Archives Outside

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Event: A morning tea with the Carrington Albums [Armidale]

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Three stunning hand-painted leather-bound volumes from a collection more than a century old will be on public display in Armidale on Wednesday 5 November.

NSW State Records Director Geoff Hinchcliffe will visit the University of New England Heritage Centre — a State Records regional repository — armed with three albums from the precious 22-volume Carrington collection, including one album featuring pages from  Tenterfield.
B“These fragile cloth-hinged albums, which only recently came into the public domain, were originally presented as a farewell gift to
Lord Carrington, Governor of New South Wales from 1885 to 1890,” Mr Hinchcliffe said.Elephant Crest

“Lord Carrington was a much respected Governor in the 1880s and the finely detailed illuminated borders, hand painted
illustrations and well-wishing messages from residents, towns and associations across the state included in the albums indicate the high regard in which he was held.

“The volumes also give valuable insight into the optimistic and patriotic sentiment of the time in the lead up to Federation, with many of the gilt-edged pages proudly depicting flora and fauna distinctive to a region, local agricultural scenes or streetscapes of burgeoning rural towns.”

In 2014 the descendants of Lord Carrington donated the volumes to the people of NSW and they were presented to State Records NSW by then Governor Marie Bashir.

Date:  Wednesday 5 November 2014

Time: 10.00am

Location: University of New England Heritage CentreCnr Dangar and Kentucky Streets

RSVP: By Friday 31  October 2014 (morning tea provided)

Contact details: Ph:(02) 6773 6555 email: heritage@une.edu.au

Carrington Volume 4

 

Schools – Socks for Soldiers in WWI

Another highlight from NRS 15051 Schools Photographic collection are photos documenting school children’s participation in the war effort during World War I (WWI).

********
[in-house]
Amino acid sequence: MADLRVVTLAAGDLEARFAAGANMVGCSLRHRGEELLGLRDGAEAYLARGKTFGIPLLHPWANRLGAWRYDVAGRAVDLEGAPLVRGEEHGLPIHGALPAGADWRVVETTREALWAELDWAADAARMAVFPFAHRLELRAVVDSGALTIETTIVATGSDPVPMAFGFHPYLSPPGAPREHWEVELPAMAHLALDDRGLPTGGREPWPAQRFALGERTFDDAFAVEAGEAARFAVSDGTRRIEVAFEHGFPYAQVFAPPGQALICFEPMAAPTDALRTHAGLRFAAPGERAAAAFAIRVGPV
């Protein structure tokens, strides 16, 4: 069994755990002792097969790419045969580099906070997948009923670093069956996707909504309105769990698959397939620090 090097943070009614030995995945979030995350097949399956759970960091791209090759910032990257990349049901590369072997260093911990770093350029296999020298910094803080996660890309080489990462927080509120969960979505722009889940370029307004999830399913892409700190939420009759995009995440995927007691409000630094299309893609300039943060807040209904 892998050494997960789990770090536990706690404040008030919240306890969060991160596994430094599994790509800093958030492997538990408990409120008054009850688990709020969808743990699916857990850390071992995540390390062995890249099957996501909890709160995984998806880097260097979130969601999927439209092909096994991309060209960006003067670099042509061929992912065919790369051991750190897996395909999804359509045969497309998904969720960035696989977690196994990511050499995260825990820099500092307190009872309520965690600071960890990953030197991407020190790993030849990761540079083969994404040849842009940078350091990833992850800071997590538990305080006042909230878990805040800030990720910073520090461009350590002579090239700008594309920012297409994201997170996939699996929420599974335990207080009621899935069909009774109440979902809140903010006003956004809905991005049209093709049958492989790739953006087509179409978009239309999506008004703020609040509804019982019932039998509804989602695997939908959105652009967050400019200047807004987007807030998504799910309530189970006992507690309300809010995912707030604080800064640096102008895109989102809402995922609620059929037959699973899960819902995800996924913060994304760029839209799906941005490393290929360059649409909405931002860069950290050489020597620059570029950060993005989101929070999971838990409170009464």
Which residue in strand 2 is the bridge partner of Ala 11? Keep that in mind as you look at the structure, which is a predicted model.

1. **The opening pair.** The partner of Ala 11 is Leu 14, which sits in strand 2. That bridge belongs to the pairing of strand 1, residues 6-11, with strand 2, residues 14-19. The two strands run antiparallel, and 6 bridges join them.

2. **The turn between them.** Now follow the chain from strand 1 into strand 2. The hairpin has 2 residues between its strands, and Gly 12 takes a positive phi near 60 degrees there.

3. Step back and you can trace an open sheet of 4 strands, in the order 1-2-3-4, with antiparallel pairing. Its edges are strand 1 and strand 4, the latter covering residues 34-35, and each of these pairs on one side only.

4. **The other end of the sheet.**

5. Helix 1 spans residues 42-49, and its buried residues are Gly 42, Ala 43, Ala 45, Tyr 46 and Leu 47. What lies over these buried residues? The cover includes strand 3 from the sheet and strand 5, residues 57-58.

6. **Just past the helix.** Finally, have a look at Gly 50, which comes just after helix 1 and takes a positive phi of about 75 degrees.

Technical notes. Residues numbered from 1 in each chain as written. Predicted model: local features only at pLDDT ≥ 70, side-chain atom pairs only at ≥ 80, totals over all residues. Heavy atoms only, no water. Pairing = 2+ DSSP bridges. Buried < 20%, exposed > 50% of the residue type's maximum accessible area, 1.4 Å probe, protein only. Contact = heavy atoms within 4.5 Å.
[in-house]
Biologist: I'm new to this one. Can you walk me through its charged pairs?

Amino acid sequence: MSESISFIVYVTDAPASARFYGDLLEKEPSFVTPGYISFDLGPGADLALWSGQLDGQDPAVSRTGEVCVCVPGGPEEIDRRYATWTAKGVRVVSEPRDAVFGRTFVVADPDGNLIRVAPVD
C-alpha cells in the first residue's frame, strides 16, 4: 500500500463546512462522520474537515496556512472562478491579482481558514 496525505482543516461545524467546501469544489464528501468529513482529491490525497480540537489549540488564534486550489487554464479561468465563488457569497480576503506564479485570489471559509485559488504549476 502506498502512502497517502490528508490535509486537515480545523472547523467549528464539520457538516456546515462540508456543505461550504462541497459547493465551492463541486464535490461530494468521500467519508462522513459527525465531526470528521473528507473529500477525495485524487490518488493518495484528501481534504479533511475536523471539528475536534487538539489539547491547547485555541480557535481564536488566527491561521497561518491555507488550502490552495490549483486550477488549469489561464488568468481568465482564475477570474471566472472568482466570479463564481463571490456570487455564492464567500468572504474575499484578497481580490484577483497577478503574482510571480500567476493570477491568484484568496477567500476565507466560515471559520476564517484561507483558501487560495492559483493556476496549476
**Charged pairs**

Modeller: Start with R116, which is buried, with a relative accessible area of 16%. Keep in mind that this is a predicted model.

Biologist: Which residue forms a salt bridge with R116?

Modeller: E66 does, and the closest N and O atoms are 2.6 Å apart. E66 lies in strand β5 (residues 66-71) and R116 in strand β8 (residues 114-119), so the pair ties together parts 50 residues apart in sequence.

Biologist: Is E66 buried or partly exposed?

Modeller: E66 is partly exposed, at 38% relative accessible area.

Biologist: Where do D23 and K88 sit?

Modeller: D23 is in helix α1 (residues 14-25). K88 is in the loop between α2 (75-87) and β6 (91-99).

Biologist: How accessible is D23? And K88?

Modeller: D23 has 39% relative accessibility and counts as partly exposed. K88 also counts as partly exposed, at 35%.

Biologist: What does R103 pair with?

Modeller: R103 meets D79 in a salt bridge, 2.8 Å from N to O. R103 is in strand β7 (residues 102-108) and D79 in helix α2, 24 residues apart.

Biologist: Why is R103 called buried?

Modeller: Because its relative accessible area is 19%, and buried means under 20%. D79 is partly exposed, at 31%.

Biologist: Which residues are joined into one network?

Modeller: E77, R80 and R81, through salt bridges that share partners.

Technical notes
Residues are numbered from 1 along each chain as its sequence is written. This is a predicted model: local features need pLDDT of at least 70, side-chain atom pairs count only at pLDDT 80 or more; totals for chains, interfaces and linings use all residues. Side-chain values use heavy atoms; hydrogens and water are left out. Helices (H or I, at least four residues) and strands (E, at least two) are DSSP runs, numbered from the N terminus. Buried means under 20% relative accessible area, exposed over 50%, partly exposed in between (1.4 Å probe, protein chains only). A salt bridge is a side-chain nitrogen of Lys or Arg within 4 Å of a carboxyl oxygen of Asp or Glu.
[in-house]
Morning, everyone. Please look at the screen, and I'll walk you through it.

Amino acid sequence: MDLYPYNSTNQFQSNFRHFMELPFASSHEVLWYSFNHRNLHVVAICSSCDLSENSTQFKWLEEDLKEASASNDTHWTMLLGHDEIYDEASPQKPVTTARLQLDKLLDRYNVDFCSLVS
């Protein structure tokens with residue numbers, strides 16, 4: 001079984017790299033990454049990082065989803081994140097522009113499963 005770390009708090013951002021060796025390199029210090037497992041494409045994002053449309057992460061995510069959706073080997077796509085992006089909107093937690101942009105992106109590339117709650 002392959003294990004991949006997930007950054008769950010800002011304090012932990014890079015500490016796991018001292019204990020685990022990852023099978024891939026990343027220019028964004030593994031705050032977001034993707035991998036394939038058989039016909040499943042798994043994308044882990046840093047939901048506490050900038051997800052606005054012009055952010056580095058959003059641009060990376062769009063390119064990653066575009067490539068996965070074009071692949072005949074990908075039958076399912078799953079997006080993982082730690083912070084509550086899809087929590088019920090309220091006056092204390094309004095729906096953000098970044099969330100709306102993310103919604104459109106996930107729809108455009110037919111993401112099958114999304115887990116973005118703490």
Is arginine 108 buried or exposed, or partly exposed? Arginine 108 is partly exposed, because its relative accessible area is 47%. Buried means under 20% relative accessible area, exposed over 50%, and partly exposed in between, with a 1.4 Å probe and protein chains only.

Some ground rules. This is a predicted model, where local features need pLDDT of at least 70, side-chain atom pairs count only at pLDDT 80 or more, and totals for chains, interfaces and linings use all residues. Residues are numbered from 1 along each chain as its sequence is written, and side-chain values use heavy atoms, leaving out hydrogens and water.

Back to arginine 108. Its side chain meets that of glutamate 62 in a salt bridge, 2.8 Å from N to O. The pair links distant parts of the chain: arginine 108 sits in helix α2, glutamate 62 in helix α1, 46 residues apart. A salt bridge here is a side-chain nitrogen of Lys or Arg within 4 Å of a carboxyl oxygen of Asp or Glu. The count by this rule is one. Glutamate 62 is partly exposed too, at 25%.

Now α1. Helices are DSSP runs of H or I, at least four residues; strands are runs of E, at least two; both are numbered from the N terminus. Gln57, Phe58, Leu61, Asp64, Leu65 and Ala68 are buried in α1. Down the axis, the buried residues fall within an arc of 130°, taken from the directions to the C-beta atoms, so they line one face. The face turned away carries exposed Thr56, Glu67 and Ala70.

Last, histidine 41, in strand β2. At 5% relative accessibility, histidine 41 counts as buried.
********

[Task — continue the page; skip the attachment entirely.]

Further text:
School children were among the many groups who put their hand to providing comforts for troops at the front.

Organisations such as the Red Cross and the Soldiers Sock Fund encouraged people from all walks of life to knit socks to send to soldiers.

Without the means to wash or dry clothing, new clean socks were greatly needed by soldiers in an effort to ward against trench foot which was rife in the cold, wet mud of the trenches.

For more WWI related content online, see the State Records NSW Centenary of Anzac website.

Corowa Public School, 1917, measuring the number of socks knitted using ‘the sock barometer’. A grand total 140 pairs were completed:

Caption: Corowa Public School - sock barometer, grand total 140 pairs  Digital ID: 15051_a047_003367.jpg  Date: year only 01/01/1917

Caption: Corowa Public School – sock barometer, grand total 140 pairs
Digital ID: 15051_a047_003367.jpg
Date: year only 01/01/1917

A newspaper article sourced from Trove emphasises the need for socks by troops at the front and encourages the knitters of NSW to contribute:

1918 'SOCKS FOR SOLDIERS.', The Mirror (Sydney, NSW : 1917 - 1919), 10 May, p. 3, viewed 17 September, 2014, http://nla.gov.au/nla.news-article136728185

1918 ‘SOCKS FOR SOLDIERS.’, The Mirror (Sydney, NSW : 1917 – 1919), 10 May, p. 3, viewed 17 September, 2014, http://nla.gov.au/nla.news-article136728185

Coonamble Public School, 1918, Red Cross Workers at the Superior Public School:

Caption: Coonamble Public School - Red Cross Workers Superior Public School Coonamble [spinning and knitting]  Digital ID: 15051_a047_003294.jpg  Date: year only 01/01/1918

Caption: Coonamble Public School – Red Cross Workers Superior Public School Coonamble [spinning and knitting]
Digital ID: 15051_a047_003294.jpg
Date: year only 01/01/1918

 Bondi Public School, 1916, spinning:

Caption: Bondi Public School - spinning wheel  Digital ID: 15051_a047_001478.jpg  Date: month and year only 31/10/1916

Caption: Bondi Public School – spinning wheel
Digital ID: 15051_a047_001478.jpg
Date: month and year only 31/10/1916

Camperdown Public School, 1916, knitting socks:

Caption: Camperdown Public School - knitting  Digital ID: 15051_a047_002311.jpg  Date: c. 31/12/1916

Caption: Camperdown Public School – knitting Digital ID: 15051_a047_002311.jpg Date: c. 31/12/1916

One of our Archives Outside readers has kindly provided us with images of “The Grey Sock”, a booklet produced by the Soldiers’ Sock Fund  in 1914. The booklet provides instructions for knitting socks for soldiers.

"The Grey Sock" - Soldiers' Sock Fund booklet 1914 Contributed by Archives Outside reader Rhonda Cetta-Hoye

“The Grey Sock” – Soldiers’ Sock Fund booklet 1914
Contributed by Archives Outside reader Rhonda Cetta-Hoye

"The Grey Sock" - Soldiers' Sock Fund booklet 1914 Contributed by Archives Outside reader Rhonda Cetta-Hoye

“The Grey Sock” – Soldiers’ Sock Fund booklet 1914
Contributed by Archives Outside reader Rhonda Cetta-Hoye

References and further reading:

“Australian Comforts Fund World War I”, Museum Victoria, available from http://museumvictoria.com.au/collections/themes/1848/australian-comforts-fund-world-war-i

“Booklet – The grey sock 1914″, Powerhouse Museum, available from http://www.powerhousemuseum.com/mob/collection/database/?irn=10108&search=patriotism&images=&wloc=&c=1&s=0